Here Yahweh is the supreme creator and Israel must worship only him, but he is not the only divinity. Israel’s national god is Yahweh, distinct from the national gods he assigned to other nations. This brings us to Deut 32.8. There are two points in this text that need ironing out. First, ‘Most High’ in this verse is a translation of Elyon, one of the many epithets given to El in ancient literature, along with the epithet Shaddai.5 (In Numbers 24.16, the prophet Balaam mentions El, calling him both Elyon and Shaddai.) Second, ‘sons of Israel’ is actually a corruption of the earlier text, which instead had ‘sons of El’.6 This gives us a text which reads:

Deut 32.8 When Elyon apportioned the nations, when he divided humankind, he fixed the boundaries of the peoples according to the number of the sons of El. Yahweh’s own portion was his people, Jacob his allotted share.

In Ugaritic tradition, there were seventy sons of El. In Israelite tradition, there were seventy nations.7 And here, Elyon divides the nations according to the number of his sons, and Yahweh’s portion is the nation of Israel. The result is that Yahweh is here one of El’s sons, not El himself.

One of the most obvious remnants of polytheism still in the Hebrew Bible is in Psalms.

Psa 82 God [Elohim] has taken his place in the assembly of El;
in the midst of the gods [elohim] he holds judgment:
‘How long will you judge unjustly
and show partiality to the wicked? (Selah)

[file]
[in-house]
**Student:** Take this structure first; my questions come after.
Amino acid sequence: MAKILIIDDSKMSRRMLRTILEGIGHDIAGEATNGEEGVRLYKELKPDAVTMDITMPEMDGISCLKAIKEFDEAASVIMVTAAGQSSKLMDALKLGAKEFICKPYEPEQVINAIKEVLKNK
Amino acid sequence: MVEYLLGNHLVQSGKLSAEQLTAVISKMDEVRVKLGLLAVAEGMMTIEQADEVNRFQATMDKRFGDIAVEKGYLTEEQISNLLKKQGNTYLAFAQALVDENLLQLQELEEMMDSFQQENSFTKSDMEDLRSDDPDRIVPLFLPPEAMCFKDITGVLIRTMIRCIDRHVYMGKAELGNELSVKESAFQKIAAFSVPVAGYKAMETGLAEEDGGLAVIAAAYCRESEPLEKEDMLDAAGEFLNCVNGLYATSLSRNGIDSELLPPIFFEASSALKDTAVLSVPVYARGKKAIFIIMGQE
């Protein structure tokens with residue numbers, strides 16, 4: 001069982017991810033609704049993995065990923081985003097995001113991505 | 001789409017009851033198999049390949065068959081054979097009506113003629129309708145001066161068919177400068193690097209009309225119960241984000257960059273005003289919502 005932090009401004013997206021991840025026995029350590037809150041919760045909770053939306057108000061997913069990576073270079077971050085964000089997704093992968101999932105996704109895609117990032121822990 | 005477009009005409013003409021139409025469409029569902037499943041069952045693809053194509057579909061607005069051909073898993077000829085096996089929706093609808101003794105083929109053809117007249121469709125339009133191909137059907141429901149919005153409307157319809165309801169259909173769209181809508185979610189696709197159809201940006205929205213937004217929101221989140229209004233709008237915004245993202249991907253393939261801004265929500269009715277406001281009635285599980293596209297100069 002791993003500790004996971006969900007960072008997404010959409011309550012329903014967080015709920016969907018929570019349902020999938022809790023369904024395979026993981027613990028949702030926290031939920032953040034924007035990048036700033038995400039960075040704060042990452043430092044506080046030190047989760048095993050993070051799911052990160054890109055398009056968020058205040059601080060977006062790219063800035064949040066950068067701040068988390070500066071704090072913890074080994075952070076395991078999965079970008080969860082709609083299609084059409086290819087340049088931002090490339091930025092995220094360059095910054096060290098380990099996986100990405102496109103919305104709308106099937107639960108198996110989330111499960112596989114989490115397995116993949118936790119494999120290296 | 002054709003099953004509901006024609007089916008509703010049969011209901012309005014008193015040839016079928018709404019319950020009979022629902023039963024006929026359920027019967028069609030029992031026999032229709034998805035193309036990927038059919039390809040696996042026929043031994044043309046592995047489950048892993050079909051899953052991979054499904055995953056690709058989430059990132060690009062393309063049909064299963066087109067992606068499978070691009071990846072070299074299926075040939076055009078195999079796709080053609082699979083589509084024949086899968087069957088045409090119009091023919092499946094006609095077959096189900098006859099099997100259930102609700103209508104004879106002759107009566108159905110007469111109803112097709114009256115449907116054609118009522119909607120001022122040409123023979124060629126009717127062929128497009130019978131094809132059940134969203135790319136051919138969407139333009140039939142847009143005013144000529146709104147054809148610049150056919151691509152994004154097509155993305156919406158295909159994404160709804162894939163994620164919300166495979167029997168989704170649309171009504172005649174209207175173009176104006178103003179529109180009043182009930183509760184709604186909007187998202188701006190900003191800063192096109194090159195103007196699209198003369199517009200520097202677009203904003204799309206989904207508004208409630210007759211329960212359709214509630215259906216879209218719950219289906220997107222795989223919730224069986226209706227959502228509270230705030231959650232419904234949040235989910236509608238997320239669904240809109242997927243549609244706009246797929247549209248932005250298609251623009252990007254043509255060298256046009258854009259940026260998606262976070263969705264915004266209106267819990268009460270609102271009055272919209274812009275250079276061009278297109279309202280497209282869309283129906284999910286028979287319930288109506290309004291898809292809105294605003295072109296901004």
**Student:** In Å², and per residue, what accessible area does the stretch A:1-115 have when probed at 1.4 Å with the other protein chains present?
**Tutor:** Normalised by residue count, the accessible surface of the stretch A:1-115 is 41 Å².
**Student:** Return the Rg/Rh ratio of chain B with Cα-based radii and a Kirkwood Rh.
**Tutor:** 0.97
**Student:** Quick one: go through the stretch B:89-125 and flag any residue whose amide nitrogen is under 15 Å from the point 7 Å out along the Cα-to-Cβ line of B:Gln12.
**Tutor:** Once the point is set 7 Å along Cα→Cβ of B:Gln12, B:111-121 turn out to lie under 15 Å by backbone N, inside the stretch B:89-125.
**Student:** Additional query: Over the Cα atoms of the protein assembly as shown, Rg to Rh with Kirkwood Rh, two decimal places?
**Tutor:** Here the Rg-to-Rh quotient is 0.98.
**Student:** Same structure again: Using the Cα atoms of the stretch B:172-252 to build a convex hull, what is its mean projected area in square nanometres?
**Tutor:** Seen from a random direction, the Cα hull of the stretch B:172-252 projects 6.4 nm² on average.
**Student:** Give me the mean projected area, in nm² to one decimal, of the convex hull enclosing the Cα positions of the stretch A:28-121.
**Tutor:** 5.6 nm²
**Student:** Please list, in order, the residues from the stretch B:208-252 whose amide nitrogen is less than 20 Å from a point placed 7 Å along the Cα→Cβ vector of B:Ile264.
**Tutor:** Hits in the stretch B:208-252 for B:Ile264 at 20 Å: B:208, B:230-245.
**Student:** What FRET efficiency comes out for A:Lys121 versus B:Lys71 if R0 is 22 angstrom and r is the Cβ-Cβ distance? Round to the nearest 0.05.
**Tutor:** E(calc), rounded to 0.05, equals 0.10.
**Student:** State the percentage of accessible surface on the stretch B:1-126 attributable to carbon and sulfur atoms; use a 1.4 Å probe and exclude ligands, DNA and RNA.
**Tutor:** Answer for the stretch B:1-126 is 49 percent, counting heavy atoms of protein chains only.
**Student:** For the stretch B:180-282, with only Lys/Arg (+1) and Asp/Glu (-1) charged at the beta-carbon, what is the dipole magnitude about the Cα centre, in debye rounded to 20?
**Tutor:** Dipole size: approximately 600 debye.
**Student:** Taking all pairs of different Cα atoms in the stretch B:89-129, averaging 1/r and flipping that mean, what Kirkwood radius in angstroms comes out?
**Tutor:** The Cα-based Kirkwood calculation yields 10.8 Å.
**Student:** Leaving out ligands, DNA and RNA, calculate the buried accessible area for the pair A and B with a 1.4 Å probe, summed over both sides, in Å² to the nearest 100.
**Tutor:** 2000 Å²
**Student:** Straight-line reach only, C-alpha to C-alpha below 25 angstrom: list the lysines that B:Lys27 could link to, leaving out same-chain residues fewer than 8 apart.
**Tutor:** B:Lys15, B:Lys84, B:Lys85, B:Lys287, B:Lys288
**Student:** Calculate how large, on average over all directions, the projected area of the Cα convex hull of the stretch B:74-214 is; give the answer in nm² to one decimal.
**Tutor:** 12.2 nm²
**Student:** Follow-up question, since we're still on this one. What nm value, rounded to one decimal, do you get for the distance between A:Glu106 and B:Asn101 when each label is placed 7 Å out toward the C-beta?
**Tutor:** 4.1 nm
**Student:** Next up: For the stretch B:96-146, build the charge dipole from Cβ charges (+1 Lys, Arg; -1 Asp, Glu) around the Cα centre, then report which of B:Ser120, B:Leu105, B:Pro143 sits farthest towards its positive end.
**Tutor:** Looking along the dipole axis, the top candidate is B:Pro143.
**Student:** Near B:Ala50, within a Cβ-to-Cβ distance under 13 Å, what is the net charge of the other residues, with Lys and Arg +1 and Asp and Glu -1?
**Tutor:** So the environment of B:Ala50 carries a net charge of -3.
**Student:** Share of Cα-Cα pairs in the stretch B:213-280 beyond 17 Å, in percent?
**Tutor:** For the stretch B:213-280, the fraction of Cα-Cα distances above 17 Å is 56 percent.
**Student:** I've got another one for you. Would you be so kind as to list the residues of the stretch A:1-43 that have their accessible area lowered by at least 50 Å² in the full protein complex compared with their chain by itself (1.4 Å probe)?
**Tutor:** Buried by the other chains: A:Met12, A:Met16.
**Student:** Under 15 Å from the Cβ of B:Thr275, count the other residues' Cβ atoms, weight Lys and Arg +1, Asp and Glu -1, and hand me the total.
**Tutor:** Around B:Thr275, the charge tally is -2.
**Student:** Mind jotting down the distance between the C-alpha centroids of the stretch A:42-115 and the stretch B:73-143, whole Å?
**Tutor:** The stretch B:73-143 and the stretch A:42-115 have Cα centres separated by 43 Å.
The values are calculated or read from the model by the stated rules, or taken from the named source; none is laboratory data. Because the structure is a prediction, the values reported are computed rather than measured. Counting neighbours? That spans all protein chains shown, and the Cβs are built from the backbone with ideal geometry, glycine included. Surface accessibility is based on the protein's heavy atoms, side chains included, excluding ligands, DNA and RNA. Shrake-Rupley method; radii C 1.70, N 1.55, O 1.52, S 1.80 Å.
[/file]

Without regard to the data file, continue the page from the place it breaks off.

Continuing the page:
Give justice to the weak and the orphan;
maintain the right of the lowly and the destitute.
Rescue the weak and the needy;
deliver them from the hand of the wicked.’
They have neither knowledge nor understanding,
they walk around in darkness;
all the foundations of the earth are shaken.
I say, ‘You are gods [elohim],
sons of Elyon, all of you;
nevertheless, you shall die like man,
and fall like any prince.’
Rise up, O God [Elohim], judge the earth;
for all the nations belong to you!

The ‘assembly of El’ (ʿadat ʾel) comes from the Ugaritic ‘assembly of gods’ (ʿadat ʾilm), a council of deities that El rules over. The psalm displays scorn for the many sons of El Elyon, but it does not deny their existence, nor does it minimize them as ‘demons’ or mere ‘idols’. Instead, the gods exist but are sentenced to die because of their failure to maintain justice.8 The psalm does not clearly equate Elohim and El as the same deity, but it reads better if they are distinguished. In this case, Elohim is the ‘God’ of Israel, and he asserts that the other sons of El (his siblings) have failed to enact justice in the nations allotted to them by their father. Israel’s god steps up to seize control over all nations, not just the one El gave to him, to implement true justice.9 In context of the whole book of Psalms, ‘the poem then becomes an etiology that explains why Israelites worship Yahweh alone’.10